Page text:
Max Leopold

According to his death certificate, Max Leopold is listed as interned alien enemy no. 584. Leopold was born in Germany, his parents are unknown. Leopold’s occupation is unknown. At his time of death he was unmarried. Leopold died on November 24, 1918 age 32 of pneumonia hemorrhages bi-lateral lasting one and-a-half days. A contributory affliction, Spanish influenza is listed as lasting three days. At the time of his death, Fuckala had resided at Fort Douglas for one year three months and twenty-four days. He was attended by Dr. Beer and was buried in Fort Douglas Cemetery on November 25, 1918. No newspaper sources were found to report on Leopold’s death.

Maximilian Kampmann

Maximilian Kampmann is listed as interned alien enemy no. 597. Kampmann was born in Elberfeld, Germany, his parents are unknown. Kampmann was a well-respected doctor, specifically a psycho-pathologist who had lived and worked in the Utah area since 1916. Kampmann died on November 26, 1918 at age 29 of pneumonia lasting three days and influenza lasting six days. At the time of his death Kampmann resided at Fort Douglas for one year two months and twenty-six days. Kampmann had at some point formerly resided in Sper Lake, Los Angeles. Kampmann was attended by Dr. Beer and was buried in the Fort Douglas Cemetery on November 28, 1918. The Ogden Standard, the Sun, the Salt Lake Tribune, and Salt Lake Telegram all reported on Kampmann between the period of 1916-1918.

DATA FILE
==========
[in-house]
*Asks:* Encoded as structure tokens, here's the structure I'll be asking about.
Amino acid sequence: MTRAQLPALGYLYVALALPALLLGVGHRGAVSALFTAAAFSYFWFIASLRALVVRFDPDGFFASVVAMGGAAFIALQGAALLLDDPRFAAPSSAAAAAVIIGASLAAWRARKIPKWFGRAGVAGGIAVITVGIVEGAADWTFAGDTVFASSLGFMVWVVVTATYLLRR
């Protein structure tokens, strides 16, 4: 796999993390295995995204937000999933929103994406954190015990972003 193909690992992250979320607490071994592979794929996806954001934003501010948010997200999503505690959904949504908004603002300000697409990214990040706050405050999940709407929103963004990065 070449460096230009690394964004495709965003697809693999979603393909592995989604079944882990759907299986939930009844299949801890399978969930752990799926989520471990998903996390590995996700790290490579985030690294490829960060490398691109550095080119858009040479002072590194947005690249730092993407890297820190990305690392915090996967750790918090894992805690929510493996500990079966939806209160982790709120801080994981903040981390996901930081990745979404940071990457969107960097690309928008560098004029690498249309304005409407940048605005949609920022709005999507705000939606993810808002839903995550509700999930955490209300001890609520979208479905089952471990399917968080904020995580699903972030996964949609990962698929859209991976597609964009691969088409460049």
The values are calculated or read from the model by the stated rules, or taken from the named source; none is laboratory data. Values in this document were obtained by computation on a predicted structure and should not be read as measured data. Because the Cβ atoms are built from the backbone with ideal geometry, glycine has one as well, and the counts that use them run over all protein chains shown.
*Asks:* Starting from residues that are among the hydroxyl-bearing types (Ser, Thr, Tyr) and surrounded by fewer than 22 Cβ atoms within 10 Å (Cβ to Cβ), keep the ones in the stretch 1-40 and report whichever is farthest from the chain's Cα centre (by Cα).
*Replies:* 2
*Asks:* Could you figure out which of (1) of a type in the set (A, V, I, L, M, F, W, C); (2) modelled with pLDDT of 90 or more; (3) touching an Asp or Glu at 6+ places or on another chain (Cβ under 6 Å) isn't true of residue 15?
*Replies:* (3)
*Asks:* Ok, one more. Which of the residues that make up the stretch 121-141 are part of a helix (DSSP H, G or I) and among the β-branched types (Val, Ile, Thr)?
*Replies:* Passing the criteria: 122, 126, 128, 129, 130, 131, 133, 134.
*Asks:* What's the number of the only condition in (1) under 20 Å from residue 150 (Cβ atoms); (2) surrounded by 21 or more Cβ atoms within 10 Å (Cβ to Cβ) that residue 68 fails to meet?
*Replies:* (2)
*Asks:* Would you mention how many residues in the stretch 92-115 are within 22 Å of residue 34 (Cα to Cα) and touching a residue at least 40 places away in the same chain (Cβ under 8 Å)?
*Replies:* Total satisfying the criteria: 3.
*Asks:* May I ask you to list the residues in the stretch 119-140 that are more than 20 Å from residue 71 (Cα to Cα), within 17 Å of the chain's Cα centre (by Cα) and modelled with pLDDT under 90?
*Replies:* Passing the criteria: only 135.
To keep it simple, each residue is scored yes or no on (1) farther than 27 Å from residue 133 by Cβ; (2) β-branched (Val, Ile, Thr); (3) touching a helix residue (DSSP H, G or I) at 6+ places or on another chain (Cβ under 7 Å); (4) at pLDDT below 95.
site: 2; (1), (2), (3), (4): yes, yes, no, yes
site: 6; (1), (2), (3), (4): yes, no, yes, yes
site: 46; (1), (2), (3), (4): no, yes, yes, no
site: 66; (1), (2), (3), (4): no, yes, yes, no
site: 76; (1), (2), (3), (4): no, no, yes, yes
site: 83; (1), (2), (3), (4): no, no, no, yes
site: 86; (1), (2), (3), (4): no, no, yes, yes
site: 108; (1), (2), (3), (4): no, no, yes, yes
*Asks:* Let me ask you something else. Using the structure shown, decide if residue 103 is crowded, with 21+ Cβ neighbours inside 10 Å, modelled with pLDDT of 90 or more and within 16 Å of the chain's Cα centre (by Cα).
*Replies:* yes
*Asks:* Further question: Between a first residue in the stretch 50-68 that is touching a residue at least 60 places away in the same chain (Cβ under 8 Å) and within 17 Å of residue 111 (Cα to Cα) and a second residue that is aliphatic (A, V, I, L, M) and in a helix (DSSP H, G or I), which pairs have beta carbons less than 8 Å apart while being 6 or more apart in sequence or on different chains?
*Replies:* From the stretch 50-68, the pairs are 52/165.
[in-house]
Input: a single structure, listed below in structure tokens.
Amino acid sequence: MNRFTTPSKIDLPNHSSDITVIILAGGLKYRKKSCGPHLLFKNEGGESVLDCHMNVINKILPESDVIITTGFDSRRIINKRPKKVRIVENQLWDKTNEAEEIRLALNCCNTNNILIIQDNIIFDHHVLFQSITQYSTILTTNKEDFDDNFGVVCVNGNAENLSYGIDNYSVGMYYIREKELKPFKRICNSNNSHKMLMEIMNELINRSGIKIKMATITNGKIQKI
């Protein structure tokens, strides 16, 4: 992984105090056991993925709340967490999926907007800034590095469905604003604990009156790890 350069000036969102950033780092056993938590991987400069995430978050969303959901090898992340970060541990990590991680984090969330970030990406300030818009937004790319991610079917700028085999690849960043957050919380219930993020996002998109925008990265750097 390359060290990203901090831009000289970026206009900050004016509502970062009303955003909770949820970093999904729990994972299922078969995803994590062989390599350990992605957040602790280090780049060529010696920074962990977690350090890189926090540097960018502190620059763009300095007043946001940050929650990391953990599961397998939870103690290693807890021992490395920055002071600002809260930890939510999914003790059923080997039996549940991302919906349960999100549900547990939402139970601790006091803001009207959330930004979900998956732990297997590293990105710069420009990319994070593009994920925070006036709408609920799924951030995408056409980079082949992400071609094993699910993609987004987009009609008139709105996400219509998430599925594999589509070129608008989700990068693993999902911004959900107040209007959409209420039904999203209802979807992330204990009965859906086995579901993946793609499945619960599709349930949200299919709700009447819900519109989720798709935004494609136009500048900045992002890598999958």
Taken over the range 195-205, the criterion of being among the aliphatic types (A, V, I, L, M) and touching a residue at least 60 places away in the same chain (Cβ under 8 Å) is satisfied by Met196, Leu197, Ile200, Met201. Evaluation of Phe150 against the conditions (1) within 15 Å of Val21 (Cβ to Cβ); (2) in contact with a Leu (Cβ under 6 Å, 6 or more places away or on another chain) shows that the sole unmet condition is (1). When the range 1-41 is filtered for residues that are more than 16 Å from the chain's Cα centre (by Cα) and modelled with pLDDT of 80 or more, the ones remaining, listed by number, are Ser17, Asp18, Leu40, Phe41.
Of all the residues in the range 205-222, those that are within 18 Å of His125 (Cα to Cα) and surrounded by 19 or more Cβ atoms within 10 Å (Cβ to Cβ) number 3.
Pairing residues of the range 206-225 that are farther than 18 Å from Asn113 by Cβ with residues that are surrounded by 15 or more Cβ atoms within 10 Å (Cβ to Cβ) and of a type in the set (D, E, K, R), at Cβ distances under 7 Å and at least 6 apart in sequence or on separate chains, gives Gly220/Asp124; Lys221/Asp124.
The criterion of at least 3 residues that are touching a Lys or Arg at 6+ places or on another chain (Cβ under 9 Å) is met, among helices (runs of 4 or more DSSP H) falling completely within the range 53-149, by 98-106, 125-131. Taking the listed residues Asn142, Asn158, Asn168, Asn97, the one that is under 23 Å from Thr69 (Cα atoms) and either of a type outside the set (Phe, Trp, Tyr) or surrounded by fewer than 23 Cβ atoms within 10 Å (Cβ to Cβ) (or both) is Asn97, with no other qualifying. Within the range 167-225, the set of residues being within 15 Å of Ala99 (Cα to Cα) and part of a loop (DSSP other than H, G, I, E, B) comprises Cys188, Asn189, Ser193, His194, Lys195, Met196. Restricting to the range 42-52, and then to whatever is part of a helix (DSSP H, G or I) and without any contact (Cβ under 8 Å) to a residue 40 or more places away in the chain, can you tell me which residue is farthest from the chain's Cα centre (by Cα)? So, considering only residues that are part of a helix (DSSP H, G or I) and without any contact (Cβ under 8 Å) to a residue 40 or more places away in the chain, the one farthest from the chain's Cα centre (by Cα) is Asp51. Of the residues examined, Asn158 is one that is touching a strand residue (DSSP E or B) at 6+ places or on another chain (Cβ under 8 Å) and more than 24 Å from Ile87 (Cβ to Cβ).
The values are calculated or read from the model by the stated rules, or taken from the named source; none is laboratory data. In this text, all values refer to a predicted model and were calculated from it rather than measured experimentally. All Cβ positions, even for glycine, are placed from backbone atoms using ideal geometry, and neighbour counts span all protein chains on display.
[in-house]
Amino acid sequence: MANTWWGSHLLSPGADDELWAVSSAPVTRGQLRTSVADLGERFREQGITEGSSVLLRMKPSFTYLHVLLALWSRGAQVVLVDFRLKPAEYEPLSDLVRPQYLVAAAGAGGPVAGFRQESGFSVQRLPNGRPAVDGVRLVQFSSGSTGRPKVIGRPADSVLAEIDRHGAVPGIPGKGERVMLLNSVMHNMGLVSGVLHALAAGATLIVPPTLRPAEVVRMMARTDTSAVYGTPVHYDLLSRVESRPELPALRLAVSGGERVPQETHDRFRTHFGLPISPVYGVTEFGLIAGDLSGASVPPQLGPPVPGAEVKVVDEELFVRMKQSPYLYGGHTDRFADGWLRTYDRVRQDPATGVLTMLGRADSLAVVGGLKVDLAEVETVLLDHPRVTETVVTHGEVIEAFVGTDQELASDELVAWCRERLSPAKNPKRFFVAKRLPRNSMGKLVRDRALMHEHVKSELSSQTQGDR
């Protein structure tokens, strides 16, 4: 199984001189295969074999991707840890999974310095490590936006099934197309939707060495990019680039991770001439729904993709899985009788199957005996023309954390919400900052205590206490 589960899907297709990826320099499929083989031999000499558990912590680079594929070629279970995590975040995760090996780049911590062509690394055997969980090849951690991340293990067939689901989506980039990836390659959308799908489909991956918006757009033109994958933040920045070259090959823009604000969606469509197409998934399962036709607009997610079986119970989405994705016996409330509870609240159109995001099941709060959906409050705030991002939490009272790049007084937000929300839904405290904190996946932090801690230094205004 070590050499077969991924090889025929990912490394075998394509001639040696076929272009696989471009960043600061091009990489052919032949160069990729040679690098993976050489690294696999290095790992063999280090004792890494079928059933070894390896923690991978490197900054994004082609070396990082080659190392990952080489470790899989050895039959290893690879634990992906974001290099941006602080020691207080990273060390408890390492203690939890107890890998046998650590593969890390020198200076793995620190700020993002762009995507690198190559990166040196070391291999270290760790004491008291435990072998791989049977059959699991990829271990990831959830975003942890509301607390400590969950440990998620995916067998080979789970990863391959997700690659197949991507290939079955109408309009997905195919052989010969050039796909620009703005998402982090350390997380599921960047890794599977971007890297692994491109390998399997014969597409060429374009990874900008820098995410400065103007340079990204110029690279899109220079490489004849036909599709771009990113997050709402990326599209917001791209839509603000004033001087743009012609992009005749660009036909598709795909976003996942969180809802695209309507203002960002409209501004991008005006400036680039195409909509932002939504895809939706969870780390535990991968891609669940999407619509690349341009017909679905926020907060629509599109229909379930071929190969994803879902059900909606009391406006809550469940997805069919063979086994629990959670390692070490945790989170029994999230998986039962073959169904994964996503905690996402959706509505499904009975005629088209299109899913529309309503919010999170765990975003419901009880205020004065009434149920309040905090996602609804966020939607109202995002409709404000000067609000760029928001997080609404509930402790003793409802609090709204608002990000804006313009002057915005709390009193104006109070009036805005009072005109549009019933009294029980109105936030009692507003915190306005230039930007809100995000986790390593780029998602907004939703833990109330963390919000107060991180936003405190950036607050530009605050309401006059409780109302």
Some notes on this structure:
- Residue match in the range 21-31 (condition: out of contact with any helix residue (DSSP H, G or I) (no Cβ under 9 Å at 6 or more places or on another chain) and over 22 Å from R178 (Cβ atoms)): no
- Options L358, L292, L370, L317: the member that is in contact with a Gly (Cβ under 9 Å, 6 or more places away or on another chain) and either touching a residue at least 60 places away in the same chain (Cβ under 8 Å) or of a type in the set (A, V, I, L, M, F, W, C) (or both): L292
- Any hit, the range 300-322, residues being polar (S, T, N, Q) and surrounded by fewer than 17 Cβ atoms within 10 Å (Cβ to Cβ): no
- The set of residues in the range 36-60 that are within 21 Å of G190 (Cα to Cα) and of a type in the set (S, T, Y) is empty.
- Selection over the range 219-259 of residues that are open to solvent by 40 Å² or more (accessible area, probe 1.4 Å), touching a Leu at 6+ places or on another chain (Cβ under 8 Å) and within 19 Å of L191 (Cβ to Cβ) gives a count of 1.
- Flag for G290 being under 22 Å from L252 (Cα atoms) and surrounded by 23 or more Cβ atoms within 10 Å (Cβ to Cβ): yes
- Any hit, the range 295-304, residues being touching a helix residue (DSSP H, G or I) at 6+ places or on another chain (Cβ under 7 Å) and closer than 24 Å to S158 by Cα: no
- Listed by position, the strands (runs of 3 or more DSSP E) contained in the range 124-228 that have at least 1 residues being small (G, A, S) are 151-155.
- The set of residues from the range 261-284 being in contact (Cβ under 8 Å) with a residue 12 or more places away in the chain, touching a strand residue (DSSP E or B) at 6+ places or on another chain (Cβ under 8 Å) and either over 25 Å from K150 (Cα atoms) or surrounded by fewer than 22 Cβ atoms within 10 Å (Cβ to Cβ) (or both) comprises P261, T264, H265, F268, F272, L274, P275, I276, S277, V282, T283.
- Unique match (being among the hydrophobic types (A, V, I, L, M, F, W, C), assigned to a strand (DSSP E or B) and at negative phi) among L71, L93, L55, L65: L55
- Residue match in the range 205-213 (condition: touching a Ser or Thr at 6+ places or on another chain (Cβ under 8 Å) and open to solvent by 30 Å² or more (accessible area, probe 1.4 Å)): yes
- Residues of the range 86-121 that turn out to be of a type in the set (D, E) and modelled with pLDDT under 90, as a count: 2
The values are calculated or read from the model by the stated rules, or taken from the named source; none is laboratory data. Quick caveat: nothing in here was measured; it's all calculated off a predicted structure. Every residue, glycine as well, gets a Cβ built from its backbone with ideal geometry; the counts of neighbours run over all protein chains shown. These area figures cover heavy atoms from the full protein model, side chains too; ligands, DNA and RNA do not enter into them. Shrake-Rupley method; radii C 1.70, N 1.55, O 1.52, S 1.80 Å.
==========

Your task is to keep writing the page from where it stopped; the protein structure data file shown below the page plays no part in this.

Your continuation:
Roko Zilko

The death certificate for Roko Zilko does not specify an interned alien enemy status. However, Zilko was born on the Island of Vys Dalmatia. Zilko’s occupation is listed as a laborer. His parents are unknown. At the time of his death he was unmarried. Zilko died of pneumonia at age 36 on November 30, 1918. The pneumonia developed on the fourth day while he was suffering from influenza for seven days.  At his time of death Zilko had resided at Fort Douglas for one month and twenty-nine days. A former residence is listed as possibly Austria (the word Austria is accompanied by a question mark). Zilko was attended by Dr. Beer and was buried in the Fort Douglas Cemetery on December 1, 1918. No newspaper sources were found to report on the death.

Stanilaus Lewitzki